The raid completed and Cockburn’s desire to punish the Americans satisfied, the British force then moved on up the Susquehanna River to attack an American supply depot. The residents returned to their gutted town, horrified at the destruction and accounts of the raid were widely circulated in the American press vilifying Cockburn especially. In response the British position argued that Cockburn and his men had done nothing the Americans had not done themselves in Canada, specifically the burning of York (modern day Toronto) a few days before the raid. Cockburn’s reputation for brutality amongst the Americans would later be solidified when over a year later he played a major role in the burning of Washington on August 24th 1814.

 

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April 10th 1795 – Capturing La Gloire

In 1795, the forces of Britain and Revolutionary France had been at war for over two years and the Royal Navy was engaged in a blockade of the main French ports. For their part, the French sent some of their faster ships out in an attempt to bypass the blockade and engage in guerre de course or commerce raiding against British ships along the east coast of England.

At 1000hrs on the morning of April 10th 1795, a British flotilla under the command of Rear-Admiral John Colpoys spotted three French vessels attempting to break out through the Bay of Biscay. The French vessels were led by the 32-gun Gloire and when they realised the British had spotted them, the French commander ordered his force to scatter in the face of the superior British force after the 74-gun HMS Colossus had started firing on them.

Gloire swung north-west while its two compatriots – Gentile and Fraternité – turned west with HMS Hannibal and HMS Robust in hot pursuit of them. Gloire had managed to evade much of the British force except for the frigate HMS Astraea under Captain Lord Henry Paulet, also of 32-guns, which managed to stay in sight of the French warship throughout the afternoon. Finally, at 1800hrs Astrea succeeded in bringing Gloire within range of its quarterdeck cannon and fired several shots which saw Gloire respond with its sternchaser guns.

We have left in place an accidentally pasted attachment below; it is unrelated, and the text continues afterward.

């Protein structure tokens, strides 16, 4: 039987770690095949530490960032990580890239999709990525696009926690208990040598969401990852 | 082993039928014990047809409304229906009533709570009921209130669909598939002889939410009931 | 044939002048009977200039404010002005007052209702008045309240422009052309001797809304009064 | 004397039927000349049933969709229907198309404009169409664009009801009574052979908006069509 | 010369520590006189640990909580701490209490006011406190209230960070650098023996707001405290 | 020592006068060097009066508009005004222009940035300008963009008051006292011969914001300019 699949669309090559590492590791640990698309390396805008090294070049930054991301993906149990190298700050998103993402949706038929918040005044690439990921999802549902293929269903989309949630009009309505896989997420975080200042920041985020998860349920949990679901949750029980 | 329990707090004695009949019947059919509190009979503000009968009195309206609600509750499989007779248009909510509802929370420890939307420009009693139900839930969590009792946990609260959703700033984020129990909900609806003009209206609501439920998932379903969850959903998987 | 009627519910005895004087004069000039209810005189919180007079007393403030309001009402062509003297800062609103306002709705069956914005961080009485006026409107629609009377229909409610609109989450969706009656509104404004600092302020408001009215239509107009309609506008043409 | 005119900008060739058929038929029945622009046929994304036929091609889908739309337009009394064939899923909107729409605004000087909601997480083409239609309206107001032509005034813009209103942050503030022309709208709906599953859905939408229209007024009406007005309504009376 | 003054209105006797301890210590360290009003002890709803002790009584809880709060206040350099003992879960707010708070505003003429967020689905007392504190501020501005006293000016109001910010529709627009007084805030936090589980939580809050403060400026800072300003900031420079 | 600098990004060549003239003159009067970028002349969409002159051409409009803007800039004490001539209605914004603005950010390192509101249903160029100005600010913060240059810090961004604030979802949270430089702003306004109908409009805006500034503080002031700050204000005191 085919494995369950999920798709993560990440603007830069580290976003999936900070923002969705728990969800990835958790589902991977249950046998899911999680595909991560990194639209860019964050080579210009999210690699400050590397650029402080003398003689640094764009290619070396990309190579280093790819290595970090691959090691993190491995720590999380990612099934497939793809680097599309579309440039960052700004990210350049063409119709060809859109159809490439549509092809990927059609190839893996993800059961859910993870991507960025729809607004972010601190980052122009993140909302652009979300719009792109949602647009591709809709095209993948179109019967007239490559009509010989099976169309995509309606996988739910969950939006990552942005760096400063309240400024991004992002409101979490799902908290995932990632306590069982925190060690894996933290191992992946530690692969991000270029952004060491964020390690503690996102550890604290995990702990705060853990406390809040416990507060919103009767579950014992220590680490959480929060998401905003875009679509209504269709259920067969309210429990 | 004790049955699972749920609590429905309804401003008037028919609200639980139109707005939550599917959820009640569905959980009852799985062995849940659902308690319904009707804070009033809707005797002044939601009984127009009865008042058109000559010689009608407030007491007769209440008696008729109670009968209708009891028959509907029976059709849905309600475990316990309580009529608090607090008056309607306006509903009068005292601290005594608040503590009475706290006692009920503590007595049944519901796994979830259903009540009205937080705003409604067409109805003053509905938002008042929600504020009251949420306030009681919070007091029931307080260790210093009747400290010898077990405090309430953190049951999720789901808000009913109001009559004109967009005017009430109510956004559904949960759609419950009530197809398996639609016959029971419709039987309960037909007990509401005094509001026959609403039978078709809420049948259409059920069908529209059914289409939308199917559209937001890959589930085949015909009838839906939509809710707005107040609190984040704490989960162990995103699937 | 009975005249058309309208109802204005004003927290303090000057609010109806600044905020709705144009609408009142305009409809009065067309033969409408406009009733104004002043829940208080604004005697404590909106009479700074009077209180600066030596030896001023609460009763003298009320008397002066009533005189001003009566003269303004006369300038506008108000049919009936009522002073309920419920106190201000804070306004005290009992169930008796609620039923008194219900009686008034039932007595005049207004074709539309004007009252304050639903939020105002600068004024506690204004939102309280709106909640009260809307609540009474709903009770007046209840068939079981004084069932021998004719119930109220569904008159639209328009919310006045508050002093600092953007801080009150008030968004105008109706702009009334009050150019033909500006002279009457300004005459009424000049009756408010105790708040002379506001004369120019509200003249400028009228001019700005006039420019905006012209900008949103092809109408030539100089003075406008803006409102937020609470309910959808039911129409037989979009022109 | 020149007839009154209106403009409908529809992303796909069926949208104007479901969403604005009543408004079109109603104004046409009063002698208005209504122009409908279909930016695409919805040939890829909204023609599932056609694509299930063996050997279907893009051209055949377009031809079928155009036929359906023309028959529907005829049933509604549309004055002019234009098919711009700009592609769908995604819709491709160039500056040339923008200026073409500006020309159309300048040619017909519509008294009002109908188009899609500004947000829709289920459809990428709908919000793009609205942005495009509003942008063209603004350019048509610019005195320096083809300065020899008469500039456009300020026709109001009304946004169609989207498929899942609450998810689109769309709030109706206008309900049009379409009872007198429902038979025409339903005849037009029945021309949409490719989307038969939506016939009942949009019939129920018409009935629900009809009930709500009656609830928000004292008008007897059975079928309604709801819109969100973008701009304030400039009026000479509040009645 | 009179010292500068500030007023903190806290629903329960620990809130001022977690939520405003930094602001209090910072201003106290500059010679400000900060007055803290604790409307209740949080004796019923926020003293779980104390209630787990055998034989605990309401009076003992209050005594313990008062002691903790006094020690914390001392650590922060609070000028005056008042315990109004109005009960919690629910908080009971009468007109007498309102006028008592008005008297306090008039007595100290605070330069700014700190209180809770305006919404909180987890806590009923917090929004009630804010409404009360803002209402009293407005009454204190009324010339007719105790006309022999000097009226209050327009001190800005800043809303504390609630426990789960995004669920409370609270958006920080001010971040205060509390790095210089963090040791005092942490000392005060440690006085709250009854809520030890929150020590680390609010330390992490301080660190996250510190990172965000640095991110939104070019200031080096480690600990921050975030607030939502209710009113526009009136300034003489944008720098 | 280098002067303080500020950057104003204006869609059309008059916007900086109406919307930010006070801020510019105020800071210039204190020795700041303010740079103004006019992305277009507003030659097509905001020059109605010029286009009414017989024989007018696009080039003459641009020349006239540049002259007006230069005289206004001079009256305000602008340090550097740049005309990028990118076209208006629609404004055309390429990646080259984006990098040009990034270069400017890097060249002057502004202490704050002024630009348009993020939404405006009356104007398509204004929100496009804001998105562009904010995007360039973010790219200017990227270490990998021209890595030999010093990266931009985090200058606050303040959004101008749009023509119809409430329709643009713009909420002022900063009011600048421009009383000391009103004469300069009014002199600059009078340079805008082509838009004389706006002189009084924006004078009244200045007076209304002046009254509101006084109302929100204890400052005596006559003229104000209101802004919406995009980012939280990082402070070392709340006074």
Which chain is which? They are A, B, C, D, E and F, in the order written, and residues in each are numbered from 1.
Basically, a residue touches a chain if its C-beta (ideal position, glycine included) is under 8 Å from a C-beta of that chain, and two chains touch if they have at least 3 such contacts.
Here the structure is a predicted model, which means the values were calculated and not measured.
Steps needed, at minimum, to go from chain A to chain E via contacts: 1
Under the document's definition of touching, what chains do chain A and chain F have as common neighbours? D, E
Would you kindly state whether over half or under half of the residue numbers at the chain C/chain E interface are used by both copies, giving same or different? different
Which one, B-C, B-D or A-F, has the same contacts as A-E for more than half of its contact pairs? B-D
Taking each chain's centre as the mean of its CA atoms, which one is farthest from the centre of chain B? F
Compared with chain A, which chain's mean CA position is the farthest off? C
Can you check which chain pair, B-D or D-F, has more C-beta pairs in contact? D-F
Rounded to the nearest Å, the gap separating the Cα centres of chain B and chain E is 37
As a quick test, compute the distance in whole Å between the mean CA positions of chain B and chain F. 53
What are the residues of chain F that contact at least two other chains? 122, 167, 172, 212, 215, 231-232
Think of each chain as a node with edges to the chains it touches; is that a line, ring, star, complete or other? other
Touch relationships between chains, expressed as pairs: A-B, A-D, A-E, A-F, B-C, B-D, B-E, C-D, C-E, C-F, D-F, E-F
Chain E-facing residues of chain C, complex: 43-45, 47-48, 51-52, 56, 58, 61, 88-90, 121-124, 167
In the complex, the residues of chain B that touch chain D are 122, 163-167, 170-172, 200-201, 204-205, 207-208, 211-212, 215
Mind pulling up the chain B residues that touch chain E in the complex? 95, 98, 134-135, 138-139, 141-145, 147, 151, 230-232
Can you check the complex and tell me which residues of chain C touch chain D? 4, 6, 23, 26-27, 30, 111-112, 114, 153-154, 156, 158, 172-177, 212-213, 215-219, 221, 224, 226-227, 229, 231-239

Royal Navy capture of La Gloire April 10th 1795 by Thomas Whitcombe 1816For over four and a half hours the two warships exchanged cannon fire shot for shot until 2230hrs, when the Astraea finally managed to come alongside the Gloire allowing both to unleash the full fury of their armament on one another. Gloire’s gunners aimed specifically for Astraea’s masts and rigging in an effort to disable the British warship and indeed succeeded in inflicting enough damage on Astraea’s topmast that it eventually collapsed. The British gunners however, concentrated their firepower on the French ship’s hull to silence the opposing gunners or sink the French ship altogether. Among the wounded aboard the Gloire was its captain and at 2328hrs, after sighting two more British warships sailing toward him he ordered the French colours to be lowered signalling the ship’s surrender.

Both vessels were heavily damaged in the engagement with Astraea needing to return to port for repairs to the mast but incredibly had not lost a single man in the engagement even as the topmast collapsed. This was thanks in no small part to the Gloire’s captain ordering his men to try to disable the British ship. By contrast, the Gloire lost 40 men killed or wounded. Sufficient repairs were made to both ships to enable them to sail to Portsmouth for more permanent repairwork with Gloire being sailed by a British prize crew under the command of Astraea’s Lieutenant John Talbot.